Trusting your GP is impossible as the depression epidemic reflects society
Depression has become an epidemic over the past 30 years and there is no medical explanation. Surely, it has to reflect massive social and economic change?
Social change explains the Depression Epidemic
Over three related posts, I have summarised why you cannot trust your GP with your depression and the depression epidemic.
One reason is that depression is not an illness and dealing with illnesses is what GPs do. The second reason is that antidepressants, even though prescribed by the bucket load just do not do what they say on the tin. And the third reason is that attempts to elevate CBT as the best talking therapy for depression is a failure – and the evidence coming out is saying just that. So it has to be social change?
Four reasons why your GP cannot be trusted with Depression and the epidemic.
- Depression is not an illness and therefore a medical approach is not the right way.
- The evidence is clear – antidepressants don’t work that well.
- Cognitive Behavioral Therapy on the NHS is not delivering and there are very good reasons why that is the case.
- Our depression epidemic has to have a social dimension and doctors cannot be expected to help – afterall, that is not their job.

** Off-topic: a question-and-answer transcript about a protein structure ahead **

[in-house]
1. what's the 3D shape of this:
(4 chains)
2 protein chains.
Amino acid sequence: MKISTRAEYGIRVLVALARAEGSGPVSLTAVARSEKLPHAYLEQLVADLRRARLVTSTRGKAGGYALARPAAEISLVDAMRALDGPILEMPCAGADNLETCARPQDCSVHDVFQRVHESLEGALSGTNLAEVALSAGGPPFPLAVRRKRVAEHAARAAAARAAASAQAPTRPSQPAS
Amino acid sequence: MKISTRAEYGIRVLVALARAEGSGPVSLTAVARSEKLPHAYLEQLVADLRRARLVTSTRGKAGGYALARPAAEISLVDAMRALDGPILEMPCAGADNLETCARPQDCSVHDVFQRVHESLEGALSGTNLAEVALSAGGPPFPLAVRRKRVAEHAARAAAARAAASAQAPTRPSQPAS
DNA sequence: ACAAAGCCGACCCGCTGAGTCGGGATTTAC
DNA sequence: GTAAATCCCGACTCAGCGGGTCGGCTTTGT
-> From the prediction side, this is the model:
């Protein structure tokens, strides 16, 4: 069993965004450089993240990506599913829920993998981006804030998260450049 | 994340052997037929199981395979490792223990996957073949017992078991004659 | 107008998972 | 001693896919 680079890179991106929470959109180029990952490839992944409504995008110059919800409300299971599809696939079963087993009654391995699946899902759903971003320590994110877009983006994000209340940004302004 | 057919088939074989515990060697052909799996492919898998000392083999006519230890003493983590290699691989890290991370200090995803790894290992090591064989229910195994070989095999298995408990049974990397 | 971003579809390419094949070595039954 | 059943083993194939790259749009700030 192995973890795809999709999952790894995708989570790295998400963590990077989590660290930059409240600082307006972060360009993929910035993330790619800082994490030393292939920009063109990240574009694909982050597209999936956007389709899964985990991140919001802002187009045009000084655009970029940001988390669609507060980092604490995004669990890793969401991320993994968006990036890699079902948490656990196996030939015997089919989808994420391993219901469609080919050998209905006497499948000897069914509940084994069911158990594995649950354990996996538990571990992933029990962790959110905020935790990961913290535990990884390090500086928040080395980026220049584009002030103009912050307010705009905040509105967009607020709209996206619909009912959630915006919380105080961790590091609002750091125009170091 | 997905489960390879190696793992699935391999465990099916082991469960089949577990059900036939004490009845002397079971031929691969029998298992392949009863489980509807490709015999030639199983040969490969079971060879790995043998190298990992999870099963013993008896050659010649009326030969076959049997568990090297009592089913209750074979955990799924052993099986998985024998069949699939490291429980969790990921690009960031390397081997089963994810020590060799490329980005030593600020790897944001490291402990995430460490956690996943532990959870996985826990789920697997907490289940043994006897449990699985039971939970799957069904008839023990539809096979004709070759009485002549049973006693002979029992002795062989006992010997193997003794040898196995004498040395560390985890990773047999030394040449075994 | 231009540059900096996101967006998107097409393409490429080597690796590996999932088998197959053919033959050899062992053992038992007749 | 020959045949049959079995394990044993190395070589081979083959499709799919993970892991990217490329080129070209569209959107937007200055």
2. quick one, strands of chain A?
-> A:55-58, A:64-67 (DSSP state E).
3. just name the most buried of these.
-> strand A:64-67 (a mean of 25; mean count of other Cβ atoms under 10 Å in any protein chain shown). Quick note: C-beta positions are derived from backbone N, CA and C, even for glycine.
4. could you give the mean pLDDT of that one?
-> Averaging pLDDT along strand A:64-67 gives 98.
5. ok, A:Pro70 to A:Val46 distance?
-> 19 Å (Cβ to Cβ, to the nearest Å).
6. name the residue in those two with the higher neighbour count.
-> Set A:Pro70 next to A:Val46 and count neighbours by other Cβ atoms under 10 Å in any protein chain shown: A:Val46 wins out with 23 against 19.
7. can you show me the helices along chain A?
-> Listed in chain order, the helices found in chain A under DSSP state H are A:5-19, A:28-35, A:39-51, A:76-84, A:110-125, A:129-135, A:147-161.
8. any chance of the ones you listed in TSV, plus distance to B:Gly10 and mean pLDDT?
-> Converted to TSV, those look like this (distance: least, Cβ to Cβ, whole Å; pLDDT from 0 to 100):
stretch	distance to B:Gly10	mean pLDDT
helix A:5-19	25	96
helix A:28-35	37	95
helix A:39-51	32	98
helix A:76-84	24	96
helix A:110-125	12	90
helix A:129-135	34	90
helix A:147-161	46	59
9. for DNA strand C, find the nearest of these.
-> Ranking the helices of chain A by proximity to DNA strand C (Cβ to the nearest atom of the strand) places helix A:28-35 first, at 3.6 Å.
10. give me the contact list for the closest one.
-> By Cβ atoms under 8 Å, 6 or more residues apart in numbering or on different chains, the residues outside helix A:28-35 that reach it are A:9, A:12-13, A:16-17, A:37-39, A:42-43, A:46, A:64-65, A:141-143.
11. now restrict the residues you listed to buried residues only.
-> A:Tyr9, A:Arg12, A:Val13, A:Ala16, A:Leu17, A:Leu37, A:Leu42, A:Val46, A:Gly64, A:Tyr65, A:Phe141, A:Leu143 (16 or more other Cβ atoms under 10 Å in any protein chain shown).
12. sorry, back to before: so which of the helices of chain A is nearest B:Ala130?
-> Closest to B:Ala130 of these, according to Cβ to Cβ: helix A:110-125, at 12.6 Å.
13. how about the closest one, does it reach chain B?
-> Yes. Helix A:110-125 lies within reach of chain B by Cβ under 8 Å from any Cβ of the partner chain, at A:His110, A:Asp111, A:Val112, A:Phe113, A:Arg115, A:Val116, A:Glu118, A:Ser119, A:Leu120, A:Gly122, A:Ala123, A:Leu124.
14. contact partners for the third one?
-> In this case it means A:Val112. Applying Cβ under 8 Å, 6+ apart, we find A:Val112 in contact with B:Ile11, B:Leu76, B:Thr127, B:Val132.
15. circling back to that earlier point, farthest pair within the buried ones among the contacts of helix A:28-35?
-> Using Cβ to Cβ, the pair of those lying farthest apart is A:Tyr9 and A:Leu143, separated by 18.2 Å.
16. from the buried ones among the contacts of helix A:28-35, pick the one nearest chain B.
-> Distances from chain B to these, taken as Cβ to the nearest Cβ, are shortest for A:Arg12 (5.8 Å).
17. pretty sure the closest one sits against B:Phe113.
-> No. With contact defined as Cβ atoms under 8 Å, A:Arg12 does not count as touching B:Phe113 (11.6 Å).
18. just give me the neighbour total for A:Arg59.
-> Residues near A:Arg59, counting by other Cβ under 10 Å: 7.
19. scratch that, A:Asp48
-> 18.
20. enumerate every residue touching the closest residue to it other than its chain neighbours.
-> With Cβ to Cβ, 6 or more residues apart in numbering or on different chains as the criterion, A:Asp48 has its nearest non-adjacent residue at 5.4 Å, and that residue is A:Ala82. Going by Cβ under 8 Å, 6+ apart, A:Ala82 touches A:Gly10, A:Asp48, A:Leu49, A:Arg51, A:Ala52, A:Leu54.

Our depression epidemic has to have a social dimension and doctors cannot be expected to help – that is not their job
Did you know that ten times more people suffer from depression now than immediately after the last war? Given this and the rapid social and economic changes over this period, especially in the last twenty years, surely this must be the main part of the explanation for the depression epidemic?
Given that there is a social dimension to our western depression epidemic (which we are told will affect one in four of us at least once in our life time), why would we ever expect GPs and the NHS to be the answer?
The NHS deals with bodies not social trends.
So we should not be surprised that the NHS is making such a mess of depression relief and that the epidemic keeps growing? We are asking the NHS to deal with the consequences of the nation’s social problems. Such as the stress of modern life and increasing materialism. And add to that the breakdown of family and community, the increasing dependence on the state and, globalisation…and so on.
You can write down your own list.
But perhaps we should not be looking at the NHS for the reasons why they are being asked to deal with something completely beyond their competence and capacity. Instead we should be looking at ourselves and why we are asking them?
We have serious social issues around social care for the elderly, an underclass that cannot properly participate in society and that has fuelled an apparent epidemic of mental problems – notably depression, but also addictions and anxieties. Who among us can honestly say, hand on heart, that these problems are medical and to be sorted out by the NHS or doctors?
What you can do now?
The first amazing thing is to appreciate that the long wait is over. Along has come a credible explanation for depression from the Human Givens. That depression is about ruminating and dreaming too much – non medical for sure but fitting in perfectly with the idea that social change is part of the reasons for our depression epidemic.
And that what all humans require is to be living a life where they re getting their emotional needs well met.
It may not answer every question or explain every depression, but it so much better than what is out there now.